Dean is flying in to Minneapolis tonight (we planned this several weeks ago) so I will be away until after the weekend. Again, thanks to all of you who checked in with me, I truly have a national network of people who care. I am one lucky girl.

Wednesday, August 01, 2007

In the Beginning

e.b. suggested that I write a post about my first date with Deano. While our first date was memorable, in my opinion it is worth it to preface the date with just how we got there…

Dean and I met in August of 1998 when we were both sophomores at the University of Minnesota. I had just moved in to my first apartment in Dinkytown with three other girls. I had met up with Amanda in freshman composition class and we are still very close almost ten years later. She needed a roommate and we seemed to really hit it off. As for the other two we picked up along they, that’s a different post entirely. Similarly, Dean had just moved into a large house with eight other guys. My roommates already knew Dean from the dorms, where they all shared the same circle of friends (in fact Amanda was dating one of the guys in the house). As a group, us girls would often go to the house and hang out with the guys. You could count on it to get rowdy and out of control and still some of my favorite memories are of those times. In general, I look back so fondly on my college days (much more so than high school), but unfortunately I don’t have time to address everything today. For some reason, I always gravitated towards Dean at those get togethers; he was always so sweet and funny. He never brought any girls over, and despite my sporadic and failed relationships, I rarely mixed the guys I saw with the boys I liked to just hang out with. Maybe because I felt more comfortable with those guys than any of the guys that would try to be my boyfriends. And the few times I did, I received unbearable flack from my “protectors”. So on the evenings when we would all just hang out, towards the end of the night when people would pair off, Dean and I would sit and flirt and drink and talk about baseball and music and life.

This casual friendship continued for well over a year. Things changed in December of 1999. I clearly remember having all the guys over to our apartment for the Vikings-Packers game and getting a phone call from the guy I was sort of dating at the time. I was sitting in my room talking to him on the phone with my door open so I wouldn’t miss any of the game or any of the social action. (In retrospect, it was pretty obvious I wasn’t into this guy.) But as the phone call continued I was paying more attention to Dean and Amanda, who were deep in conversation. I was feeling a little indignant because Dean usually had these introspective conversations with me. Not her. But they kept looking in my direction I can’t even tell you what my then-suitor and I were talking about, I just remember the looks on Amanda’s and Dean’s faces while they were talking.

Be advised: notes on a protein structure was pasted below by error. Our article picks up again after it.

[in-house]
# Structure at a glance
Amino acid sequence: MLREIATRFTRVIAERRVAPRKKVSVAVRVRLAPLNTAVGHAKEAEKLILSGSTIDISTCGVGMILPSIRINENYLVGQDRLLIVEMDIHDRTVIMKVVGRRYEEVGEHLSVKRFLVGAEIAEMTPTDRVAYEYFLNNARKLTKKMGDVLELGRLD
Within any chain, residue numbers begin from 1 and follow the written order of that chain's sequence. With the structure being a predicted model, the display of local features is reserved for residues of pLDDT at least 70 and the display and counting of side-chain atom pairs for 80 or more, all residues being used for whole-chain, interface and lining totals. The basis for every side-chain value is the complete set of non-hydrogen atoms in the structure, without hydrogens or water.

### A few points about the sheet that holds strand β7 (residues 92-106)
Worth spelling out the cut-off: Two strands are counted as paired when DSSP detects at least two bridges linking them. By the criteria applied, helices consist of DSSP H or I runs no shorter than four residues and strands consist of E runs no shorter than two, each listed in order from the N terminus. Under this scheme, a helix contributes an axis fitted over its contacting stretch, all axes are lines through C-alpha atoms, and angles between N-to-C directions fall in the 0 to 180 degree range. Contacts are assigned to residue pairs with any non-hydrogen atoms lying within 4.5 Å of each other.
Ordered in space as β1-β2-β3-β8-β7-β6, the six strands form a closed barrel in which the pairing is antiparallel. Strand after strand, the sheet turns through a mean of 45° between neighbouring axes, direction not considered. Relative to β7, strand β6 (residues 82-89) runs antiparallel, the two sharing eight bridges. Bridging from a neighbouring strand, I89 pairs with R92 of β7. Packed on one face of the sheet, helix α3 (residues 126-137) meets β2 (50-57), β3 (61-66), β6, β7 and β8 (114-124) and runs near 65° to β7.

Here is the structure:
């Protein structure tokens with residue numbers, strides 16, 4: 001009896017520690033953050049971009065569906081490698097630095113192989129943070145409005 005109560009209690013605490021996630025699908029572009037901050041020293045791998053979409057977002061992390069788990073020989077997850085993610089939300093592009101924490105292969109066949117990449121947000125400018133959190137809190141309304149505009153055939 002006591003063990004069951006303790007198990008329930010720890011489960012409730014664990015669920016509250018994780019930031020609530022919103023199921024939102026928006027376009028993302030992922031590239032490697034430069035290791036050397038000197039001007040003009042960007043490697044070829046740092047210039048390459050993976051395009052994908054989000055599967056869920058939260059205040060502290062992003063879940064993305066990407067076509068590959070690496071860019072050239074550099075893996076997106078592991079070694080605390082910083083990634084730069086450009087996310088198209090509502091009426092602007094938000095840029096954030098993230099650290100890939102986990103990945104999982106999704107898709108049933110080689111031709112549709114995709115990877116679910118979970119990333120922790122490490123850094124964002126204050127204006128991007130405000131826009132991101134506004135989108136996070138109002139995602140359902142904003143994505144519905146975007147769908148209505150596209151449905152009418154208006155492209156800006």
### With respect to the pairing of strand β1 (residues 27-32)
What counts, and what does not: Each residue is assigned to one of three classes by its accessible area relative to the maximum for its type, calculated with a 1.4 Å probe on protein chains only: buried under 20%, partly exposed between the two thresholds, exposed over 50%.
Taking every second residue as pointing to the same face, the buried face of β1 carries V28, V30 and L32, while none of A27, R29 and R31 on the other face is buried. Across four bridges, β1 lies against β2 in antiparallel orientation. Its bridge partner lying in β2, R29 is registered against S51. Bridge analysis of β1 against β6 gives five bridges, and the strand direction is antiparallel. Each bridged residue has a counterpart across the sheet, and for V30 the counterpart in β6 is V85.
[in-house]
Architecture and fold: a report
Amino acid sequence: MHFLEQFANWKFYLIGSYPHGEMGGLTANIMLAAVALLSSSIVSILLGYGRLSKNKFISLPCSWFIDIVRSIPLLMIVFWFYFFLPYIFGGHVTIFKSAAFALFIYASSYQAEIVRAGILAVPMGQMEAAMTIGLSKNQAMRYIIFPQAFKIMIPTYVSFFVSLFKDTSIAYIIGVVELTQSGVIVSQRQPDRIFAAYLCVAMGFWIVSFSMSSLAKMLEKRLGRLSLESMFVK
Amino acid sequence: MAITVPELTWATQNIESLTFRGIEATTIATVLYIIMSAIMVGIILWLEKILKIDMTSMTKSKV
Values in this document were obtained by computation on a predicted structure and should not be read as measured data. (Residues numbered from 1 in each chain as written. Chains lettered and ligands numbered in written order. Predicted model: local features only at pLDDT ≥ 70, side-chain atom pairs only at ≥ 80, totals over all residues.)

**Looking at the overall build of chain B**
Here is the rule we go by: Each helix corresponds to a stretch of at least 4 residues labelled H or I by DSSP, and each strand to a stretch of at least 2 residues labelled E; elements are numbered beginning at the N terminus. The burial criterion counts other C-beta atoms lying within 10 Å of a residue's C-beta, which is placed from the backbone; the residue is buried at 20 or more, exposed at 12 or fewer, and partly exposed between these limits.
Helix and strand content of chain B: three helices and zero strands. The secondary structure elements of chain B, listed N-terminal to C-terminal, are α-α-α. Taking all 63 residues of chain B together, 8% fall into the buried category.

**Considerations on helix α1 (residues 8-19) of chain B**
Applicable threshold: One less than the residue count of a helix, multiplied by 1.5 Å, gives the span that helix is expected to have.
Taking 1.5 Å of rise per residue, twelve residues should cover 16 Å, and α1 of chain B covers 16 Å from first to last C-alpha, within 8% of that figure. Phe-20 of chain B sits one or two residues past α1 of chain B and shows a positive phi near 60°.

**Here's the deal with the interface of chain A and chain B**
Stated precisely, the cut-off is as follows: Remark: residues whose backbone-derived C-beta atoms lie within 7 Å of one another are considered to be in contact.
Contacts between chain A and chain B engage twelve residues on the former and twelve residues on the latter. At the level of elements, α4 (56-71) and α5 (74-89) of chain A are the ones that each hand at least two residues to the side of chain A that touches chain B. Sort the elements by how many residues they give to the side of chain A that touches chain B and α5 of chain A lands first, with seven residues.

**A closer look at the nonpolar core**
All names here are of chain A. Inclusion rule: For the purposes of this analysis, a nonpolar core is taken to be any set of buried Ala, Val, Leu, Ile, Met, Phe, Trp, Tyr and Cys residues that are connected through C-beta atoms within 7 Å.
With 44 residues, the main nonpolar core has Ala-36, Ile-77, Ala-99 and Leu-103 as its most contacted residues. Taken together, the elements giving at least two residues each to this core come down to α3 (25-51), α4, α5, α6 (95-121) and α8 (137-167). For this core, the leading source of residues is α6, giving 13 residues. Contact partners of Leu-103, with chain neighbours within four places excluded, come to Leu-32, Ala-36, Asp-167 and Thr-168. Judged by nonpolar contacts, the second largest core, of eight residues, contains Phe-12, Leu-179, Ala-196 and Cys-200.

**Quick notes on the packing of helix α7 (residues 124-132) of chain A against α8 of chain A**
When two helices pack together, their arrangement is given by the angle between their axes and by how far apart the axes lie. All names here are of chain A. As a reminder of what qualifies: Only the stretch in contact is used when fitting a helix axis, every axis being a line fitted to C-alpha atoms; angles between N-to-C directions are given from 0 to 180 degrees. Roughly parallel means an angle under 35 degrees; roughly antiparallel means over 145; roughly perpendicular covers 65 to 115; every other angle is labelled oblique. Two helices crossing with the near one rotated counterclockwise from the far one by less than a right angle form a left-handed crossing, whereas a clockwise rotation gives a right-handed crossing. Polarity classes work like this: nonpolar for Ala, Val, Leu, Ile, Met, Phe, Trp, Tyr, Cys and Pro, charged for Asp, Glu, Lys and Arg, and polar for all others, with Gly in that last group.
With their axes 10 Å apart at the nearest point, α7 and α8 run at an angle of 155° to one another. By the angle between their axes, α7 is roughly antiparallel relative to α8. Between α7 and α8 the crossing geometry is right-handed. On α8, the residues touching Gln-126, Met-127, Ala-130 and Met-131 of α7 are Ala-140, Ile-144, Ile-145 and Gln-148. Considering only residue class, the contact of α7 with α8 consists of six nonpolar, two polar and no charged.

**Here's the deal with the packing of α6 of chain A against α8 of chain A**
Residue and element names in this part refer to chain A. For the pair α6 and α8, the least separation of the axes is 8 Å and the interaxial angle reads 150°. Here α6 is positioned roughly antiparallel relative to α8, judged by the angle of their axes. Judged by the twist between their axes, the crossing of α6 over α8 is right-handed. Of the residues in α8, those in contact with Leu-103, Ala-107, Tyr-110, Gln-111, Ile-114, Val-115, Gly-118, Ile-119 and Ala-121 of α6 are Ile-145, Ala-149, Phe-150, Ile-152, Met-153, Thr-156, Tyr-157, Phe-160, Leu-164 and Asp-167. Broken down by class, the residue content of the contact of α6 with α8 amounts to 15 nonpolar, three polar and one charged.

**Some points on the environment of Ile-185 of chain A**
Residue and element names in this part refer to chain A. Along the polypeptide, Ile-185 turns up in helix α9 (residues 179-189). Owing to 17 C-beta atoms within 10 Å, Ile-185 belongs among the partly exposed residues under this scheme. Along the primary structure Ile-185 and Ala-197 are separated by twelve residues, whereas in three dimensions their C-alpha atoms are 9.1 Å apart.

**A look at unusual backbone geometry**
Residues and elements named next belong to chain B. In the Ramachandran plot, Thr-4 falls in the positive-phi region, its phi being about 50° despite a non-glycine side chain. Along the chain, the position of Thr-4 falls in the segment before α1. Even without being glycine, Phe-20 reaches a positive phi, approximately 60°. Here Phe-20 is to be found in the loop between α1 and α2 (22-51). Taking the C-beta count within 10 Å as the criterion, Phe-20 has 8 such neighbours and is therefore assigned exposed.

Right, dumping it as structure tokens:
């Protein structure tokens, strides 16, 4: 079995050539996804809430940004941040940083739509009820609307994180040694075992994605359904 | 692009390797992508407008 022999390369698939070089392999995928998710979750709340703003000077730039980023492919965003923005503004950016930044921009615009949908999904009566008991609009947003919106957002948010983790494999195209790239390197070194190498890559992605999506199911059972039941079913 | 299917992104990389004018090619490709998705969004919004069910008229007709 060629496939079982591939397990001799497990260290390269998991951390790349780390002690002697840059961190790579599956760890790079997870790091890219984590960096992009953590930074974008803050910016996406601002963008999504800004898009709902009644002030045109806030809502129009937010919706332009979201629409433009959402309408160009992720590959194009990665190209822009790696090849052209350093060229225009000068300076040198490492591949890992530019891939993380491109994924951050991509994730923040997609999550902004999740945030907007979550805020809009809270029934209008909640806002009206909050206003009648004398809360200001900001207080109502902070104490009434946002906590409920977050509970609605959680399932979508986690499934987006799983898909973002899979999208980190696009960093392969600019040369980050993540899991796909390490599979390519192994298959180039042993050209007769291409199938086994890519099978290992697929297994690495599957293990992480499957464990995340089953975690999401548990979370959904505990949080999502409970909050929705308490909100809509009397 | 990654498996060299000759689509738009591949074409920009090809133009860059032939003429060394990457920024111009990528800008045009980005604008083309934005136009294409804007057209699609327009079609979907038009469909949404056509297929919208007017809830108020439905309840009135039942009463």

Later, Amanda pulled me aside and told me what she and Dean had been discussing. She told me that Dean had confessed to her that he had feelings for me, but he worried I didn’t feel the same way. Very honestly, the thought had occurred to me, but I was frightened I would break his heart. I was very unsure of exactly what I wanted out of anyone and Dean wasn’t someone whose feelings I could take lightly.

I spent the next several days agonizing over that conversation with Amanda. I ditched the boy on the phone that night. And I decided I wanted to kiss Dean at midnight, during Amanda’s New Years Eve party. Her parents had everyone over for a celebration and at 11:54, I asked Dean if he would kiss me for New Years. And at midnight, he did. While everyone else celebrated the new year, we pondered what this meant for us. A couple minutes into 2000, he asked me on a date. And I said yes.

So after that story, our first actual date doesn’t seem quite as romantic, but I owe it to e.b. to share what it was. On January 5th, we went to the Gopher basketball game. I was alone in the apartment on winter break and it had snowed all day long. Neither of us had a car on campus, so he picked me up on foot in a parka and together we trudged through the six or so inches of snow through Dinkytown to Taste of Manhattan pizza on Washington Avenue. We had slices of pizza and each shared memories of when we had been to New York. I was wearing a dark blue v-neck sweater and jeans. He wore his trademark button down plaid shirt and khakis. Then we walked up 4th Street to the Barn and watched the Gophers beat the Wolverines. Even then we knew it was much more than a first date, we knew it was the start of a long journey together. I don’t think either of us could have predicted where it would take us, just that we wanted to do it together.

Now almost eight years later I was happy to think about the early days of our relationship again. There are so many things that we do that just kind of blend in with the other ordinary memories but it’s amazing how we remember the most monumental moments of our lives, the ones we knew would change everything.